Young Firms Sustainability and Corporate Reputation: A Comparison of the Survival Rates in the US and EU

Young Firms Sustainability and Corporate Reputation: A Comparison of the Survival Rates in the US and EU

Domenico Nicolò (University Mediterranea of Reggio Calabria, Italy)
Copyright: © 2017 |Pages: 27
DOI: 10.4018/978-1-5225-2075-7.ch001
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Abstract

Although young firms are very vulnerable, significant differences emerge by comparing the survival rates of the companies in the first stage of life in different countries and industries, of different sizes, and with different characteristics of the leader (team of co-founders): education, previous entrepreneurial experience, reputation, etc. Many variables influence the performance of the companies and their chances of survival. Each enterprise is a singularity. Thus, it is methodologically wrong and naive any attempt to define ideal models and general “recipes” to reduce the vulnerability of the young firms. This hypothesis is confirmed by the analysis of the survival rates of the young firms born in the USA and in EU. The variance of the five-year survival rate is very high by comparing companies from different nations, of different size classes, those operating in different industries, and those whose leaders have or not have any previous entrepreneurial experience. The lack of corporate reputation is the only weakness common to the young firms. Since these companies do not have a history that can prove their ability to satisfy their commitments toward the stakeholder, they haven't a reputation and therefore are very weak their bonds of trust with stakeholders. The first difficulty, these weak bonds of trust are broken and young businesses collapse in on themselves. To achieve sustainability, young firms must quickly build a corporate reputation to strengthen the bonds of trust with the stakeholders. By this way, they will be more resistant to the difficulties. This is the only effective general “recipes”. (Nicolò 2015; Nicolò & Ferrara 2015).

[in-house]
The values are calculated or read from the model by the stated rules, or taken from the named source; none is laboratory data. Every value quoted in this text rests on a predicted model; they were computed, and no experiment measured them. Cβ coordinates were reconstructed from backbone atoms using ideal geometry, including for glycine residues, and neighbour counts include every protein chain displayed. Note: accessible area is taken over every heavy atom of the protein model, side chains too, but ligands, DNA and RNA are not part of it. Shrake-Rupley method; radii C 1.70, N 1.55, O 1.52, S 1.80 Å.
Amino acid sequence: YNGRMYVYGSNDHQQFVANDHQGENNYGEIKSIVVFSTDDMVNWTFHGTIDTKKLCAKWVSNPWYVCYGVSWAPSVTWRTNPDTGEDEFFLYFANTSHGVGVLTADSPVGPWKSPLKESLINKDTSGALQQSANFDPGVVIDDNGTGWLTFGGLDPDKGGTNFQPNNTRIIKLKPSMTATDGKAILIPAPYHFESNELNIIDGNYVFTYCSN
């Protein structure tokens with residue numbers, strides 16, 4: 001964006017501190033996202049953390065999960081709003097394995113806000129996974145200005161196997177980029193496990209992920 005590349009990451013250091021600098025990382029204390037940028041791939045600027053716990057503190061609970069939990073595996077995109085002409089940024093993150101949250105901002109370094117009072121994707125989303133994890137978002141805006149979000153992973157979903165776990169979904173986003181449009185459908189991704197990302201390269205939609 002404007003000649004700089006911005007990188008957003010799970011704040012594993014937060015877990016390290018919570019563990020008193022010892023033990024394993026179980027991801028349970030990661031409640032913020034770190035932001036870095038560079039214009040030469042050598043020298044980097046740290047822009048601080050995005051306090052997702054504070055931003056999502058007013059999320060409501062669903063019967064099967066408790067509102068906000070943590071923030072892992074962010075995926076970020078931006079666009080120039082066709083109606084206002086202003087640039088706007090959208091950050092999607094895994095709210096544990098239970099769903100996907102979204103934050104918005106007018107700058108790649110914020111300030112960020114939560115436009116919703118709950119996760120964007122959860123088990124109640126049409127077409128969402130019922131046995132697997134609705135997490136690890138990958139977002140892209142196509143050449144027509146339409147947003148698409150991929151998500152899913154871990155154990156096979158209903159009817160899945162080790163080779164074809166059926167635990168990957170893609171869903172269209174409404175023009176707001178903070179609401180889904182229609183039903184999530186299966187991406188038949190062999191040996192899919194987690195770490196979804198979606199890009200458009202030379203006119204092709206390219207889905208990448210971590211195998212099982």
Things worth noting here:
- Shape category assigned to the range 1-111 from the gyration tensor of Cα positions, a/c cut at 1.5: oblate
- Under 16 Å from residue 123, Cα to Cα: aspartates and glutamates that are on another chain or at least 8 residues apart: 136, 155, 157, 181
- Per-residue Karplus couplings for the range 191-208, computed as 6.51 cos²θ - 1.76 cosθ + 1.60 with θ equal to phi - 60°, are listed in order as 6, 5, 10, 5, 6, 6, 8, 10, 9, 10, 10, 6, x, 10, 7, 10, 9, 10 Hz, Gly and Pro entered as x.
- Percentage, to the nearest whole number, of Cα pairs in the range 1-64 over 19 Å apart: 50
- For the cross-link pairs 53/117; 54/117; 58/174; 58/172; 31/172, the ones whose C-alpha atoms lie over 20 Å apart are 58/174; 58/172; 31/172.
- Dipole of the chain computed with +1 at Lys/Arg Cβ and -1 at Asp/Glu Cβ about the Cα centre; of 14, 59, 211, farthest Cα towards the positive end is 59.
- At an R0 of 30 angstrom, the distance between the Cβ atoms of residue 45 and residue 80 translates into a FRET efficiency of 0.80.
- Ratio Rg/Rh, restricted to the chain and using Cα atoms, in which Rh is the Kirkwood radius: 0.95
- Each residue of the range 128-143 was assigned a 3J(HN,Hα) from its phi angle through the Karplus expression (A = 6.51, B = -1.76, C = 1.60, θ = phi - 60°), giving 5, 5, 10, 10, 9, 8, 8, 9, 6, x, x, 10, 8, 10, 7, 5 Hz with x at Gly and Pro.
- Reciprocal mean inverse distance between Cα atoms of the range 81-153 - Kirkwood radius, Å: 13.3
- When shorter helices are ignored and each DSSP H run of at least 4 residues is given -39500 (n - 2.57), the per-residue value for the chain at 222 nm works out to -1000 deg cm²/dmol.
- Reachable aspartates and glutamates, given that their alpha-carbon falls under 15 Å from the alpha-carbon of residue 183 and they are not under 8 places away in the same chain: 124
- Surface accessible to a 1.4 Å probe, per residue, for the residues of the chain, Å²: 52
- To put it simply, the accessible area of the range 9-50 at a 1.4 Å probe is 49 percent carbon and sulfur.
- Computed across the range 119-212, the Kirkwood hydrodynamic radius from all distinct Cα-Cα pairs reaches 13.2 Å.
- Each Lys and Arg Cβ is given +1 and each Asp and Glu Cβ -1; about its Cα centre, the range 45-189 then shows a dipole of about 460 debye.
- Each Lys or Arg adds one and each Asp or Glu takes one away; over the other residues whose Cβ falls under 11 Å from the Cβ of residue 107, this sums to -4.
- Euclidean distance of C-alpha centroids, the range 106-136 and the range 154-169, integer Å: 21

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Background

Companies are very fallible in their first stage of life (Reynolds & Miller, 1992; Van de Ven, 1992; Van de Ven et al., 1989; Venkataraman et al., 1990; Knaup, 2005; Knaup & Piazza, 2005). High vulnerability is a distinctive feature (general trait) of young companies (Nicolò 2015; Nicolò and Ferrara 2015).

According to the literature, the principal causes of weakness of young firms are:

  • 1.

    Context variables (Mintzberg, 1973; Dubini & Schillaci, 1988; Buttà, 2003; Moore, 2006; Adner & Kapoor, 2010; Moss Kanter, 2012);

  • 2.

    Strategic choices and the suitability of those choices to meet the characteristics of the industry (Biggadike, 1976; Miller & Camp, 1985; Cooper et al. 1986; Sandberg, 1986; McDougall et al. 1992);

  • 3.

    Activities of the founder to give life to the company by spending the appropriate amount of time on essential processes before and after its foundation (Gartner, 1988; Bygrave, 1989; Timmons, 1990; Vesper, 1990; Longsworth, 1991; Cooper, 1993);

  • 4.

    The sequence in which key start up processes are performed (Gartner, 1985; Van de Ven, 1992; Van de Ven & Poole, 1995; Van de Ven & Engleman, 2004; Carter et al., 1996; Aldrich, 1999; Delmar & Shane, 2002; Liao et al., 2005);

  • 5.

    Characteristics of the founder/s (Child, 1972; Kirzner, 1979; Carland et al., 1984; Gartner, 1985; Katz & Gartner, 1988; Storer, 1988; Miles et al., 1988; Shaver & Scott, 1991). Background of the start up founders: social aspects of gender (Birley, 1989; Brush, 1992), tolerance to risk (Brockhaus, 1980), persistence (Brockhaus & Horwitz, 1986; Gatewood et al., 1995), education, expertise and entrepreneurial experience (Weick, 1972; Sandberg, 1986; Bird, 1993; Chandler & Hanks, 1994), and reputation (Nicolò 2015, Nicolò & Ferrara 2015).

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